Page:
Our gang’s numbers were not static, with all the coming and going, the death and rebirth, but I’d say there were easily 75-100 of us. The taby, Merrick, was their leader and I became his right hand, his counsel of sorts. There was not much governing to do in our small commune. All importance was focused on the hunt, so it fell on Merrick and I to scope hunting grounds and devise strategies which we used to kettle thousands of rats over the course of our tenure at the train station. Other than the hunt, we lived a quiet life, basking in the beams of the sun and moon that fell through the many holes in the roof. There was enough light for all and most days and we all sat in our own spot and sang or talked or slept. There is not much to note about the bliss us cats can experience. There are no words to describe it in human language, but “sublimity” comes close.

I do remember one particular night from those innocent days. Merrick and I were grooming each other on the second floor balcony. Moonbeams and starlight fell on us from a large hole in the ceiling. Merrick paused his grooming and looked at me with his big yellow eyes. I stopped and met his gaze. We stared at each other for quite a while and finally he said, “Why do you live?” This is a common way of speaking amongst cats, just replacement words to show affection like I love you or good morning in human speak.

“I live to die my final death,” I responded, as was our custom.

“That’s where you’re wrong.” He tilted his head. “That’s where we’re all wrong. We live to live.”

“That doesn’t make any sense,” I scolded him, turning my body away from him. We both sat facing away from each other.

“Sure it does. Let me ask you this: Why do we hunt?”

“For the feast, of course.”

“But sometimes we don’t catch anything. Why do we hunt then?”

“I guess for survival then.”

“Ah, but survival is something we always have until we don’t. We can never obtain it, only lose it. So we can never gain survival by hunting, only lose it by not hunting. So I ask you again: Why do we hunt?”

“I don’t know. To not lose our survival, I guess. This is dumb. You’re not making any sense.” I growled at Merick and walked away toward the stairs. I climbed to the third level and looked down on Merrick. His yellow eyes stared back. We looked at each other till all the moonlight was gone.

Finally, he called to me, “We hunt to hunt.” 

He said no more and disappeared into the shadows.

We never talked of life and death again, which is only right because it is rude to talk about such things amongst cats who have so much on their minds all the time, but I have thought about it plenty and I think Merrick was right. Death may be the feast, but the joy of the feast could never beat the thrill of the hunt.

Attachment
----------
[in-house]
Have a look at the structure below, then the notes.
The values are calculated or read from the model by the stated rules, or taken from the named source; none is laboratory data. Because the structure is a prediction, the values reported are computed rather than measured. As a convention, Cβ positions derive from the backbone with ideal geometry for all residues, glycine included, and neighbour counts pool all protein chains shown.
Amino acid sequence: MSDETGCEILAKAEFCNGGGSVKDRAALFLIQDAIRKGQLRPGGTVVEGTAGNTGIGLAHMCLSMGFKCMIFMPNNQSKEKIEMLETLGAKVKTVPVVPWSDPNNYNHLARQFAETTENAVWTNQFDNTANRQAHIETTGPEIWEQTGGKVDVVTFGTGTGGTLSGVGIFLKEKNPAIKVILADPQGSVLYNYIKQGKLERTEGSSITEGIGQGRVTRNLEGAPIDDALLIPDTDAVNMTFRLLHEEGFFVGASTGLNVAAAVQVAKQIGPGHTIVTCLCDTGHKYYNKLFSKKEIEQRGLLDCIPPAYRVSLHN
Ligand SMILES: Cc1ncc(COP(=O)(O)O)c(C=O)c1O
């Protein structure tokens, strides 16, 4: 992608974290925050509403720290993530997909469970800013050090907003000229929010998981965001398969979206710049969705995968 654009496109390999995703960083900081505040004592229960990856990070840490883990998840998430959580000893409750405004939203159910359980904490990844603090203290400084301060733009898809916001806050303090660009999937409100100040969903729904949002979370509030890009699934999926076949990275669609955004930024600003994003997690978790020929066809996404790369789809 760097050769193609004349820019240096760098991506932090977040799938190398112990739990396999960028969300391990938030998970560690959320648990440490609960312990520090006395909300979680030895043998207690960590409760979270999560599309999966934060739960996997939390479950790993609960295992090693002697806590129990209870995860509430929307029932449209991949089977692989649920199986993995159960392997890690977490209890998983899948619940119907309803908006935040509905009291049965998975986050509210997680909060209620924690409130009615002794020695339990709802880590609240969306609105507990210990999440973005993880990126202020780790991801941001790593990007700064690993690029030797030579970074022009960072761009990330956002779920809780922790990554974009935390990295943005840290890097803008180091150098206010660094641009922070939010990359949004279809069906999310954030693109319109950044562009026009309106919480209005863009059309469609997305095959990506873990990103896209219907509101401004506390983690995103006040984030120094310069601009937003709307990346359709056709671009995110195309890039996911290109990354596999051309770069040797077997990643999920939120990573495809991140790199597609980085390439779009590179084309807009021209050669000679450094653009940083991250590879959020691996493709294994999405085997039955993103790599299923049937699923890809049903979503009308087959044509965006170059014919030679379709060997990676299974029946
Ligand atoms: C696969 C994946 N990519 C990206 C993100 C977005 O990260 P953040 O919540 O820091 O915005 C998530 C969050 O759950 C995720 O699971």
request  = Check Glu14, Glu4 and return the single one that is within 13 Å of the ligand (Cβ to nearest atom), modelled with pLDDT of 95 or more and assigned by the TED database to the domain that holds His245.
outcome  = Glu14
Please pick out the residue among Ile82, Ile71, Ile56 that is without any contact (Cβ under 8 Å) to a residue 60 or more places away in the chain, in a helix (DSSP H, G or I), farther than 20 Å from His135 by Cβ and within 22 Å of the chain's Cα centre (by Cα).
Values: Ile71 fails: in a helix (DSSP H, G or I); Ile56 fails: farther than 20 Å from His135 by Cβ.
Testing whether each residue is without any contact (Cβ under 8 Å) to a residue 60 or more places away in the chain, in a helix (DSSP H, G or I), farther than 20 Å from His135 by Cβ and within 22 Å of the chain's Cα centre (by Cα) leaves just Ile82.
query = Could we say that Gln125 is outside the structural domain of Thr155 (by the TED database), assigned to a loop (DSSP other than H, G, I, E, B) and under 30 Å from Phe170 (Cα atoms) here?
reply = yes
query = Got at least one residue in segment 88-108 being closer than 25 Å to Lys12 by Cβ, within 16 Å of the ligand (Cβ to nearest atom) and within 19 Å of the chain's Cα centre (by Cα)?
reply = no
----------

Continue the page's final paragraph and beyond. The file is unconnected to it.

All things end, and even in our comfortable life there at the train station, even with the safety of our numbers, we knew that life too would end. 

The end came for the addicts first. They had always been kind to us. They pet us with empty eyes and left their scraps out for our consumption. They collected water in buckets, like Viola had done, and let us sip from it. When it was cold, they let us crowd their fire and when there was no fire our bodies kept each other warm. Despite their kindness, the end still came for them.

It was dawn when the men arrived in their cars and dump trucks, much like it had been when it ended with Viola. The men swept in and grabbed the addicts by the scruffs of their coats. They dragged them off shouting harsh words like “possession,” or “unlawful,” or “junkie.” The addicts were not allowed to take their stuff, so we commandeered as many raggedy blankets as we could before the garbage men took them away. We pushed our little society out of the light and into the nooks and crannies of the old building. Next came men in quieter cars. They wore suits and ties and carried clipboards. They squinted through the glasses on their faces and scratched furiously on their pieces of paper. They tried to count us, but we were too many to count, and then they left without a word. A few days later, more men came, these with kind eyes and nets. They lured us out of the cracks with a drug they called a “treat” and snatched us up one by one. Merrick and I were lured out at the same time. Merrick was like my shadow; we always did everything together. They captured him first and put him in the truck, then they came for me. I was in a frenzy. My shadow had just been ripped out from under my paws. The more tangled I became in their net, the more I lashed out with all my might. My claws struck one man across the eye. He hissed and clutched at his wound. “Soon he would look like me,” I thought. “Good. Now when he sees his face he will see my own.” I had scored my retribution and resigned myself to my fate, but the man, bleeding fresh blood on the dirty floor, could not accept his fate and began to slam his net on the ground, beating me to a bloody pulp. I remember the furious words he spoke before throwing me into a tiny compartment on the side of his truck: “You’re lucky we’re taking you! The rest will get the poison!” Then he threw me as hard as he could. My head slammed into the metal cage and broke my neck. With my last bits of consciousness, I marvelled at the sun shining through the hole in the roof one last time, then the man slammed the door shut and everything was dark.


The shelter was not as bad as you might think. Sure, we lived two or three to a cramped cage, but we didn’t have to worry about food or water. That was paradise. I missed the open air and the moon, but I could find enough joy in a sure meal and a sure drink. Things were not so bad.